Visit Palermo church of Saint-Cataldo
The Church of Saint-Cataldo is in the centre of historic Palermo, in the northern region of Sicily. The church is oftn used as a 'symbol' of Palermo and is one of its most important monuments.
Explore the Church of Saint-Cataldo in Palermo
Italy This Way comment: the Church of San-Cataldo is unusual among Sicilian churches because it is not decorated with mosaics and paintings and is now restored to its original form, which makes it very interesting as a contrast to the many baroque churches you will see on the island.
Built in the 12th century, the church of San-Cataldo combines two architectural styles: Arab and Norman. It was originally built as the chapel for an important palace, although no trace of the palace remains today. By the late 12th century the church had been given to the benedictine monastery, who retained ownership until the 18th century and used it as a hospital.
After the 18th century the church of San-Cataldo was used as the "post office" by the Sicilian government, and was apparently in a very poor condition. In the 19th century it was restored to the church we see today and it is also at this time that the architects chose the red colour for the domes and resolved the problems with the domes leaking. This red colour is now used by various churches in Sicily.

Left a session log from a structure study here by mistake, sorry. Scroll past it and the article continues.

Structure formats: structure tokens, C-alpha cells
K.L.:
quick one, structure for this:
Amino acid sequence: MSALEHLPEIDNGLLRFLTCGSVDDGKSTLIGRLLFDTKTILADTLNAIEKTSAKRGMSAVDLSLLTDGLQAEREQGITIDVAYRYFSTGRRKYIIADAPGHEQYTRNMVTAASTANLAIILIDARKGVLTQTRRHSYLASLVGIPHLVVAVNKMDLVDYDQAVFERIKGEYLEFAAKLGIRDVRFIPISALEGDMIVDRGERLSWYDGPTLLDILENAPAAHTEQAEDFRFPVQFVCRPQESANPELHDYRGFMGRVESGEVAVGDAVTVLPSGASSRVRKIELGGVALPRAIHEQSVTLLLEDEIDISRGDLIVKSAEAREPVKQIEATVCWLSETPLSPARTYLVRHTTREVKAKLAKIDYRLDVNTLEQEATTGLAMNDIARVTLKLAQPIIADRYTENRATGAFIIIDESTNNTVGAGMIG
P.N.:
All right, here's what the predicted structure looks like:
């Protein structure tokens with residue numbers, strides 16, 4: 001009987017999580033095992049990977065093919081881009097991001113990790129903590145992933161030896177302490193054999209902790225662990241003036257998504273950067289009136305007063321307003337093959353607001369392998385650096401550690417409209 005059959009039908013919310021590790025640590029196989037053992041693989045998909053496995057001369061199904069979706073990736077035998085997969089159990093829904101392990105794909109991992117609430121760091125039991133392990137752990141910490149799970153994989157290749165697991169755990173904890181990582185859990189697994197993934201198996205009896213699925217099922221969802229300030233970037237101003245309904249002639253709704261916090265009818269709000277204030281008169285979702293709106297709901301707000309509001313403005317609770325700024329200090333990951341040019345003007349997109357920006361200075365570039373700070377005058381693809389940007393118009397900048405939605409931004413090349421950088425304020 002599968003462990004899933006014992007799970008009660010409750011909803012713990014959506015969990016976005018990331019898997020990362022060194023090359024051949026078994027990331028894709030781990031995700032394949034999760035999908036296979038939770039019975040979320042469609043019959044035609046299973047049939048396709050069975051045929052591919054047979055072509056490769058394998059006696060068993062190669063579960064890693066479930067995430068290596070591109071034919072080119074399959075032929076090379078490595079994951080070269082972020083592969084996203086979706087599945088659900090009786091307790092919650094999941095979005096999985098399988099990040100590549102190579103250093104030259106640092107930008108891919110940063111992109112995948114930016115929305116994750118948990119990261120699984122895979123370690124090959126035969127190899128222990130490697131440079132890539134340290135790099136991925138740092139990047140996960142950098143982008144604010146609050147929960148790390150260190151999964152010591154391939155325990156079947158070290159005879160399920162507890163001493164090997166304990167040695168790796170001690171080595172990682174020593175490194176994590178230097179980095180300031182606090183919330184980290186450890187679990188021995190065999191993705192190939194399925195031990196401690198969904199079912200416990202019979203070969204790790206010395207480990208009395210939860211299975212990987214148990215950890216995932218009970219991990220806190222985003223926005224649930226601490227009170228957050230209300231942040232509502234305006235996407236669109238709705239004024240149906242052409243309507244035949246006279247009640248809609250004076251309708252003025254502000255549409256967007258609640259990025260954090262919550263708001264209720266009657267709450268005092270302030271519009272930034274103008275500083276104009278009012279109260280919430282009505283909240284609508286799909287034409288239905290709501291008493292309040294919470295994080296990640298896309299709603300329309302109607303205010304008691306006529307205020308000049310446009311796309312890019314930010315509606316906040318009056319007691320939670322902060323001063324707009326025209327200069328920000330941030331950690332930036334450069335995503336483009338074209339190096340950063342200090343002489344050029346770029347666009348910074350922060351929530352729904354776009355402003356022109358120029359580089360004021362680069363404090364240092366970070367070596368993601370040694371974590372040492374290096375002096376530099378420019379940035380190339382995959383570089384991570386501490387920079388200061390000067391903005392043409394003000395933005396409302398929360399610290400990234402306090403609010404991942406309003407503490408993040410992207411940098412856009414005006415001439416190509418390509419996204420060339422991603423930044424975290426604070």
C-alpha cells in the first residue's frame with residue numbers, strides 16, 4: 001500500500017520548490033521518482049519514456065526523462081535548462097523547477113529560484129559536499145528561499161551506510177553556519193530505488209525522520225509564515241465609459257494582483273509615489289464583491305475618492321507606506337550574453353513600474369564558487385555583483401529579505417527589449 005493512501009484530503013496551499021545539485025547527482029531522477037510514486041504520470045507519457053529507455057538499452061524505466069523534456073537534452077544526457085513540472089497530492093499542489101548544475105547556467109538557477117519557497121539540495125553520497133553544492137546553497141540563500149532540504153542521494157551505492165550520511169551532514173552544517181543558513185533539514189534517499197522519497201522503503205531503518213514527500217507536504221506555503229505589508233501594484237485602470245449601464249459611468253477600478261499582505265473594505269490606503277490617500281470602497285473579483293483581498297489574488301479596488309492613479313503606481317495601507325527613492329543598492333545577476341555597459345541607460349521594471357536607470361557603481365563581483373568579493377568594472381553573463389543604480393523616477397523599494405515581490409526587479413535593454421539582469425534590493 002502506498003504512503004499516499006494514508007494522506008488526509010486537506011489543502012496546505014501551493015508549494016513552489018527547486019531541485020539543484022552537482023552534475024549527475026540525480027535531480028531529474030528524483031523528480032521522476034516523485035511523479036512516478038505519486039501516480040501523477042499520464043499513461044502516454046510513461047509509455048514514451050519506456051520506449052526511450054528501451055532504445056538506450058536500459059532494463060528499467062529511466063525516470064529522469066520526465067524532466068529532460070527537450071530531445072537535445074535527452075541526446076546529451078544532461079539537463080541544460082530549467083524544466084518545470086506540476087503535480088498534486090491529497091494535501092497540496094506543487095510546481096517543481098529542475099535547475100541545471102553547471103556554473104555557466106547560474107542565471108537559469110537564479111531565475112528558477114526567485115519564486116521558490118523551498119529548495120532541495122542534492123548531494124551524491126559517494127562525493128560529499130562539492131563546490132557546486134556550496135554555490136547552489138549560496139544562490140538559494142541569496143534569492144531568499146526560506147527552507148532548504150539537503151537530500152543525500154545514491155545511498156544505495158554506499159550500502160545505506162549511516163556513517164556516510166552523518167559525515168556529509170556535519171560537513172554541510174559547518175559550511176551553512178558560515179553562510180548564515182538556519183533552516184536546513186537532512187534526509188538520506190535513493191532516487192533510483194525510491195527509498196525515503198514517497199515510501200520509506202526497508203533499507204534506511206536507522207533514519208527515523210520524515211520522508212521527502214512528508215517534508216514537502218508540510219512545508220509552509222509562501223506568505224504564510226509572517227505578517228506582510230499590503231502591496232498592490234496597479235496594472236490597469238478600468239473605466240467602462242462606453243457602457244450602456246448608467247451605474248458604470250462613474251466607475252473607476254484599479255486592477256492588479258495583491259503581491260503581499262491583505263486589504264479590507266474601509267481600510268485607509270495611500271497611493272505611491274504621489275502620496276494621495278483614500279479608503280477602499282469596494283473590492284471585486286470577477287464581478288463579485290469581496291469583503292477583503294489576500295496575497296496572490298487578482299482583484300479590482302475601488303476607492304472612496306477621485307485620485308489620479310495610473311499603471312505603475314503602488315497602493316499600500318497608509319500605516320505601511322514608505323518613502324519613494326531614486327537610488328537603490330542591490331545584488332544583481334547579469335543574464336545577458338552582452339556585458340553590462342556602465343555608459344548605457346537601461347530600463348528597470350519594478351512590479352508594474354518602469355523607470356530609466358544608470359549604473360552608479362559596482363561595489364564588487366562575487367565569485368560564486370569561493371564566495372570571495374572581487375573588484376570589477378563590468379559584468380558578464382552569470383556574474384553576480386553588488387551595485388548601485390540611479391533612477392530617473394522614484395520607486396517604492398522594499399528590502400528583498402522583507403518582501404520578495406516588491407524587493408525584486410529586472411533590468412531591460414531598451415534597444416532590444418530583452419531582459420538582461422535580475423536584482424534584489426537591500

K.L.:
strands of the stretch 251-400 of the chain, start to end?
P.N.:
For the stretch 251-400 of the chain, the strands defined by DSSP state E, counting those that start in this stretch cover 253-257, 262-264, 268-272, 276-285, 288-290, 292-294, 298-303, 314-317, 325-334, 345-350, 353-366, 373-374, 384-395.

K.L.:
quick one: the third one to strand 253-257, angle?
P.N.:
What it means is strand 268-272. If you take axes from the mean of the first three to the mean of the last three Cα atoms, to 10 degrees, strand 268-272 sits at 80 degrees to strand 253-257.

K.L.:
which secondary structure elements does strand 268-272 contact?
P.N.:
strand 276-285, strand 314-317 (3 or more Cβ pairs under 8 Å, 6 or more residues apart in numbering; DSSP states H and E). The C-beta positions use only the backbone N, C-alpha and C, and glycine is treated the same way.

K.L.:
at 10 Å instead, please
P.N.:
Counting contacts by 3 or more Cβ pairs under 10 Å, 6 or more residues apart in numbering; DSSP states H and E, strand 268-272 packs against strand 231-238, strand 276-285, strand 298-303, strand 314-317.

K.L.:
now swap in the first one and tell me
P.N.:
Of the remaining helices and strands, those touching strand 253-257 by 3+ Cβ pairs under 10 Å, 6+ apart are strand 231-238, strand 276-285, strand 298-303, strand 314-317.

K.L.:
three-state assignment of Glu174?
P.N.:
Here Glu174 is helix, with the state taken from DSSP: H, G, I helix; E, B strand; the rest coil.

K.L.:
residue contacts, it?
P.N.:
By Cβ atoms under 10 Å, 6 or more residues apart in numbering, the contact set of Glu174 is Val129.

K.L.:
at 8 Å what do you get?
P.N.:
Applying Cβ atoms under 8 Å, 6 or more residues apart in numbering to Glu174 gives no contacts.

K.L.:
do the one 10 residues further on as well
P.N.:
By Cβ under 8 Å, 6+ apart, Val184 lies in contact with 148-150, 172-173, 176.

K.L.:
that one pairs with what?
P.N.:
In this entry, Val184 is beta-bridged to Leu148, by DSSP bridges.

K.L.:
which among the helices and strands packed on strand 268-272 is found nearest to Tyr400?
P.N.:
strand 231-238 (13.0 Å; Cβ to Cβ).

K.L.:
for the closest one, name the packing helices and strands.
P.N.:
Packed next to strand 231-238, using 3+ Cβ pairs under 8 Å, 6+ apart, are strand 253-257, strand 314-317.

Many of the arches are "blind" windows, and most light enters the church through windows in the rectangular box that supports the three red domes.
From the outside the church is quite unremarkable, a simple rectangular box with rows of roman style arches, a simple facade and a roof on which three red domes are clearly visible. Inside, the layout is also simple with a central nave, two side aisles, and a small altar area, and walls of bare stone.
It is the three domes that give the church of San-Cataldo most of its character, because the interior has numerous columns and arches to support these domes and the entire interior space is open apart from these columns. In the side aisles, the ceiling is a ribbed vault which further enhances the effect, and many of the columns also support carved capital stones with interesting carvings.
The interior walls were plastered and decorated during a renovation in the 17th century, but these interior decorations were removed as part of the 19th century renovation. There is now very little interior furnishing in the church, apart from a crucifix in the altar area and a marble pulpit.
Although there are no mosaics decorating the walls in the church, the floors are of mosaic, made of marble and laid in an attractive pattern with both Muslim and Byzantine influences.
It is interesting to remember that although the church we see today is an independent building, that was never the case during its active history: it was always part of a palace, or group of post-ofice buildings, and had other buildings on most sides so it is quite a recent transformation that we can appreciate the building poperly.
There are numerous beautiful churches in the centre of historic Palermo including the Palatine Chapel in the Royal Palace, the Church of Santa-Caterina and the Church of La Martorana on the same square as the Church of San-Cataldo and Palermo cathedral, and a short trip out of the centre takes you to Monrale cathedral. See our Palermo guide for information.
You can find more local travel ideas in the Sicily guide.